Topless in San Sebastián

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Ok, so it happened guys, I’m officially going native.

For the first time I did something that Spanish and European women are famous for doing in the summer. Can you guess? Here’s a hint: it involves a beach and a complete lack of modesty. Yes, that’s right, I went topless in San Sebastián! And the best part? It was by complete accident!

Are you ready to hear my most embarrassing story of 2012 (so far)? And what is completely ironic, is that this is NOT the first time I have been caught topless in Pais Vasco. Let’s go back to 2007 when I was staying in a 5 star hotel in Bilbao with my parents when the neighbors (all men, of course) across the very narrow street caught me me walking around my hotel room in my undies.

Picture it: last Friday was a perfect, perfect day in northern Spain, something that is RARE. It is always raining and foggy on the north coast here. I had been monitoring the weather all week because I wanted to make my first trip out to San Sebastián (Donostia in Basque), Pais Vasco‘s famous jewel of a city on the water. After living in Spain for so long, it was kinda embarrassing that I still hadn’t been there.

But I have my reasons. I have spent the past 5 years listening to just how wonderful, amazing, and ONE OF A KIND, San Sebastián was. I had built up unrealistic expectations for it. Now that I was living in the north in Logroño, I had no choice but to go. But I would make sure I would go on a PERFECT day; nothing can ruin the fantasy of a place like rain and fog. San Seb is notoriously expensive, so I put off going in the fall since I was as poor as a church mouse, but that also nixed out winter and spring since I wanted to go when it was warm, sunny and a total beach-worthy day.


Friday was that magical day! Sunny with 0% percent chance of rain with a high of 85°F, the weather gods had heard my pleading, begging, and nagging. I packed my bag and was off! After wandering around the charming downtown, I was sunscreened up and sprawled out on the beach by 1pm, along with everyone else in the Basque Country. Seriously, the beach was packed.

I kept having to move my towel around because of the incoming tide. Playa la Concha is long and narrow, so there weren’t a lot of options, but I worked with what I had; every so often there were high-pitched girly screams (some from men) and a rogue wave would wash up and soak everyone’s stuff. Being slightly OCD, I carefully chose my laying-out spots on the beach, equidistant from other beach goers, not to close to annoying children, teenagers or heavy smokers, in the front line next to the water so I can keep an eye on my stuff while I swim, you know, the usual. I was more than a little peeved that I had to keep moving, but whatever, I tried to focus on the positive and be happy that I was finally in Donostia on a perfect day.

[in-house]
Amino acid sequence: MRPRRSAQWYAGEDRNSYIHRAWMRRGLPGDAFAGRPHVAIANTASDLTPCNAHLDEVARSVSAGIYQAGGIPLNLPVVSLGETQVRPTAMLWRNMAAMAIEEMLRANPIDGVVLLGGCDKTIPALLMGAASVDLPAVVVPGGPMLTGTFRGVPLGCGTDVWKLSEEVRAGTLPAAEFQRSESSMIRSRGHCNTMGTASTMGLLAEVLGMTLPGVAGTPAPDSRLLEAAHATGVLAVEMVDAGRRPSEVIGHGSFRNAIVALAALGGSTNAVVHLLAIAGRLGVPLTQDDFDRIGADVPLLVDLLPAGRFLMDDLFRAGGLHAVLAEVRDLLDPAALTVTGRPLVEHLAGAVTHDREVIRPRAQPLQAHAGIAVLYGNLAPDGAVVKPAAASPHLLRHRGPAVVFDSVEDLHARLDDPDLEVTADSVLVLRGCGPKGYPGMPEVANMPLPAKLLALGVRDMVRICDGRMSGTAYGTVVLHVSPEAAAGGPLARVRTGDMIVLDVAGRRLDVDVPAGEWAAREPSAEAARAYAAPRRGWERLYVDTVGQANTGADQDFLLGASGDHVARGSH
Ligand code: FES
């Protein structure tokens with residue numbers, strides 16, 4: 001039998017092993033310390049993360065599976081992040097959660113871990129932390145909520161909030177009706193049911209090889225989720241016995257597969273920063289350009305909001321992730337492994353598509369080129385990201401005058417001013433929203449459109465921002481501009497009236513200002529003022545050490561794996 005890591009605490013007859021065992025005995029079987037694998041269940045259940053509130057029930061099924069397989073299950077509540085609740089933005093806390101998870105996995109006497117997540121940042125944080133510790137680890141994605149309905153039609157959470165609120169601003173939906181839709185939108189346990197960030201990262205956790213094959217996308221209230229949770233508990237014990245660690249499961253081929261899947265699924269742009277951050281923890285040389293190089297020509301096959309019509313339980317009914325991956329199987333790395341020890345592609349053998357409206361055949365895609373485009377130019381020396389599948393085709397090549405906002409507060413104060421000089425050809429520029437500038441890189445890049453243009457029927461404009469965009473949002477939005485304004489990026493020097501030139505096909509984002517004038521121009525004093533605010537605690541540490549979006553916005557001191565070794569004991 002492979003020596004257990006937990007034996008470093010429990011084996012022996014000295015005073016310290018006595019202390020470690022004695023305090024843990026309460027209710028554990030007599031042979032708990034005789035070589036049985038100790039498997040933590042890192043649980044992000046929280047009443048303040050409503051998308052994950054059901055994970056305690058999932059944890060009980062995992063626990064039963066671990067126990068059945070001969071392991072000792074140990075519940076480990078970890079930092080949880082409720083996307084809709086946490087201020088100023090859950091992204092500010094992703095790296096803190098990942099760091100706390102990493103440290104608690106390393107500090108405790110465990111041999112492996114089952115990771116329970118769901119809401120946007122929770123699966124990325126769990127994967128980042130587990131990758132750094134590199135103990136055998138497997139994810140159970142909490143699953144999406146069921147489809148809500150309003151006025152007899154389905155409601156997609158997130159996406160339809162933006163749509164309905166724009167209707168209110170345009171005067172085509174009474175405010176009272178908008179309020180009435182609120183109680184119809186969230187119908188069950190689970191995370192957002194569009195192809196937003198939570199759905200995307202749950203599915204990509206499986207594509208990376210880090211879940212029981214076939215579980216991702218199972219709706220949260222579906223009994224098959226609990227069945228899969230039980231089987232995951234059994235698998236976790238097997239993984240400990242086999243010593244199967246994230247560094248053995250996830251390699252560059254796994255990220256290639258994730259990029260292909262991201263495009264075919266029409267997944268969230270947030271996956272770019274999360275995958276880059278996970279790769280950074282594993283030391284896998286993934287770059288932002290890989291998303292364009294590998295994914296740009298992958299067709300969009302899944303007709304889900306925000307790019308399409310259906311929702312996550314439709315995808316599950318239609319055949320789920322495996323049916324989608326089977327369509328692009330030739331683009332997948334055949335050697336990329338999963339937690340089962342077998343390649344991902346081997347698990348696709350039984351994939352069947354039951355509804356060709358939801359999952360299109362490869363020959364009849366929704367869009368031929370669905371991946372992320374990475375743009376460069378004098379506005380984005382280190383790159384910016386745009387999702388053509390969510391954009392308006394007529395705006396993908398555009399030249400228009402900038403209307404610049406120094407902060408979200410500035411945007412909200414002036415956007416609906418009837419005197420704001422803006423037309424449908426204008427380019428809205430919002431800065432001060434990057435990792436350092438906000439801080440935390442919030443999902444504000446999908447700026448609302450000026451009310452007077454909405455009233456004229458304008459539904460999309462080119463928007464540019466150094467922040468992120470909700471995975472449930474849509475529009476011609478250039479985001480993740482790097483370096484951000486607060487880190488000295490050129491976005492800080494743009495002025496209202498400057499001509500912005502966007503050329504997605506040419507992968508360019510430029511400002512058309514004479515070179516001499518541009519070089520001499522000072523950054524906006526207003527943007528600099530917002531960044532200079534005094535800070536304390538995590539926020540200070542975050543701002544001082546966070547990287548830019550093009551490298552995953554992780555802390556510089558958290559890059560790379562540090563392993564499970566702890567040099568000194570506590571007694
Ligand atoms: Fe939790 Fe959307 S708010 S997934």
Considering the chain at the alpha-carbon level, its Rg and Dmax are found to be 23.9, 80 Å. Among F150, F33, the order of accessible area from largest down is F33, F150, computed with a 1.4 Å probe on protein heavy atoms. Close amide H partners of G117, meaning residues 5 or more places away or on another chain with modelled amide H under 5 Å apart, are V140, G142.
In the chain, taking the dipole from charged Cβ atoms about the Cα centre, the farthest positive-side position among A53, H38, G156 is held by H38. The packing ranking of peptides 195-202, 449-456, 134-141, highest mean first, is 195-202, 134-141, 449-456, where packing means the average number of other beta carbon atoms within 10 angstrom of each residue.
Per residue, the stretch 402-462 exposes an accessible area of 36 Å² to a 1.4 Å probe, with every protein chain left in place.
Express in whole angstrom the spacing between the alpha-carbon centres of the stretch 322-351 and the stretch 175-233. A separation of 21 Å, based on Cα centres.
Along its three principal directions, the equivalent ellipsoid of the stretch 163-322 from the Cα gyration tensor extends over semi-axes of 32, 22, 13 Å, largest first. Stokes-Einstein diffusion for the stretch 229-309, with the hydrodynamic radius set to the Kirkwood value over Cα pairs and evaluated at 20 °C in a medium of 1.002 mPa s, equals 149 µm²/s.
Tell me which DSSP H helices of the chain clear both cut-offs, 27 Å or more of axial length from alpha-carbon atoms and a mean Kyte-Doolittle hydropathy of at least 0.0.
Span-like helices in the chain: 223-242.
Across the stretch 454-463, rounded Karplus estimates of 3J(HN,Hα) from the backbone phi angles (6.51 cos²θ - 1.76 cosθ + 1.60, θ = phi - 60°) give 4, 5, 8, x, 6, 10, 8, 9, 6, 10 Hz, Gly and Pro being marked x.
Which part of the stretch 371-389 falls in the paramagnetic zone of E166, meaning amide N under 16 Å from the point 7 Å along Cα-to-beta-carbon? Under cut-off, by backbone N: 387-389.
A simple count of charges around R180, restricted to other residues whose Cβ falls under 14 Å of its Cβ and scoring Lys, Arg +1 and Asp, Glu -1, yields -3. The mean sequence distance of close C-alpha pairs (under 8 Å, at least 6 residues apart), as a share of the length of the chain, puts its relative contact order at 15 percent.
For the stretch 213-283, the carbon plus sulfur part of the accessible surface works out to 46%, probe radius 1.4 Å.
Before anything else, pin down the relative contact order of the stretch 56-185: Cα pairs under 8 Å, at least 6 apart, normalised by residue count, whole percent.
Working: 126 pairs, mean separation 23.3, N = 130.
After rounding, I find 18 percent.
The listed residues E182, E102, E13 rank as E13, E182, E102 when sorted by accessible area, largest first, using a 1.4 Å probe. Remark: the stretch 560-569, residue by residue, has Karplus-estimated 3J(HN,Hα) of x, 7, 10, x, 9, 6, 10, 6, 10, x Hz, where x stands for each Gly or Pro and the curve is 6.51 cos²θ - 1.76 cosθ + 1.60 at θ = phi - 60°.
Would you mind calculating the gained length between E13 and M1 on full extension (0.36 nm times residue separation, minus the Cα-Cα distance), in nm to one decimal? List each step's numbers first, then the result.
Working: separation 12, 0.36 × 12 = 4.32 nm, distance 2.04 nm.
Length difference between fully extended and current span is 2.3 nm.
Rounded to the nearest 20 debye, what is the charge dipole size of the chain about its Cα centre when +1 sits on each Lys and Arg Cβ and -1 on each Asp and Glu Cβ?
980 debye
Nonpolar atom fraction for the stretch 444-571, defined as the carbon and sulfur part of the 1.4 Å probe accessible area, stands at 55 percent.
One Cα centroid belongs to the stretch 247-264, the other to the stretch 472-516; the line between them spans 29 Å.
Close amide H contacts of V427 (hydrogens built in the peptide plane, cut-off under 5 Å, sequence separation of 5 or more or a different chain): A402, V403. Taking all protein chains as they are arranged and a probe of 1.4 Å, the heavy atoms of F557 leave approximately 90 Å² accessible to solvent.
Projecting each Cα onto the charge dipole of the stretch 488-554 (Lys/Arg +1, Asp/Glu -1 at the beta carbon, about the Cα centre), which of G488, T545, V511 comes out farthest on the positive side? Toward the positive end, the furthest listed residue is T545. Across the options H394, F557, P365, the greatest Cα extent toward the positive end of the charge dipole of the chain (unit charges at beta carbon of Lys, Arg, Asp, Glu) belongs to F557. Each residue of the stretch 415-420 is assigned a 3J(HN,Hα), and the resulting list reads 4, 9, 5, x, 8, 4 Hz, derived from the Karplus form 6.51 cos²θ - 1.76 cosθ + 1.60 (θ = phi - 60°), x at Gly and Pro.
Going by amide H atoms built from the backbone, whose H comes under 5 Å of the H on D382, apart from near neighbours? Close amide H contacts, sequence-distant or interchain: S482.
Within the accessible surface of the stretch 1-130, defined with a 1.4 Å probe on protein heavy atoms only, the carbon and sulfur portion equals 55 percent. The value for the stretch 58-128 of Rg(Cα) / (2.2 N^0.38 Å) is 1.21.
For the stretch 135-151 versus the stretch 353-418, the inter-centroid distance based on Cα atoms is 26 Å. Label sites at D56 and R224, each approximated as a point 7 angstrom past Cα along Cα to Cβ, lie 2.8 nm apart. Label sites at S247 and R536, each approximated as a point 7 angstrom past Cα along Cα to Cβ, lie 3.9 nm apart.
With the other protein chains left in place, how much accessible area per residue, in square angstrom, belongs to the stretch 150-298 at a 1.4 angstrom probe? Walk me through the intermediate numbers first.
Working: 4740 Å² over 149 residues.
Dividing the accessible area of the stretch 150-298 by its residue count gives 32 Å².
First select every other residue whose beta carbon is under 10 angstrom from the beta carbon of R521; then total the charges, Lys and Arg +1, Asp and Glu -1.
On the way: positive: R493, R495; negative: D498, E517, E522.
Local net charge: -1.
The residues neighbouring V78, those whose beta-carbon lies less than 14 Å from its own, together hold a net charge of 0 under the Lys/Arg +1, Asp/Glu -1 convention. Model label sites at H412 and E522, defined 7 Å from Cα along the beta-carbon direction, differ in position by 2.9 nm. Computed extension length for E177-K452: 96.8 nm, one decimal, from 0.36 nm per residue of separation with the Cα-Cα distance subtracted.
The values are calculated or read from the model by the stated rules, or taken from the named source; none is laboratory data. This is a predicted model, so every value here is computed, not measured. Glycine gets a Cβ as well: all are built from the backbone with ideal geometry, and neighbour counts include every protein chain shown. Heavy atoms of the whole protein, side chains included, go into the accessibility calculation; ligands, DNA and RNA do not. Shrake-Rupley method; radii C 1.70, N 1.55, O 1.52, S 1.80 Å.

Now, I NEVER go topless. I am American. We don’t do topless. However, European women tend to feel differently about nudity. I mean jeeze, there are ads for milk on TV that have topless women in them. And I swear, a good 50 percent of the women in San Seb on the beach were topless that day, but no, not me. Nope, never. I HATE being naked in front of people. I mean, I still change in the bathroom in the gym in Logroño!


At one point I was laying on my stomach, and I had untied my bathing suit top to avoid tan lines on my back, which I always do (part of my tanning ritual), when I heard the tell-tale shouting and looked up to see a line of water quickly advancing towards me! S*** s*** double s***!

My tote bag was sprawled open next to me with my precious SLR camera, Kindle, ipod, iphone, and dry clothes packed inside. I had to make a split decision, tote bag or bathing suit top? My most valuable material possessions or my dignity?

As I jumped up clutching my bag to my chest, I watched my bathing suit top, flip flops, towel and self-pride float down the beach. After abandoning all my rules about prime tanning beach placement, I put my stuff down way up on dry land and went in search of my bathing suit top, which ended up a good 50 feet from where I was. And thus commenced my walk of shame in front of the entire San Sebastián beach, topless. Followed up with 5 minutes of struggling to tie the sandy, soggy top back on.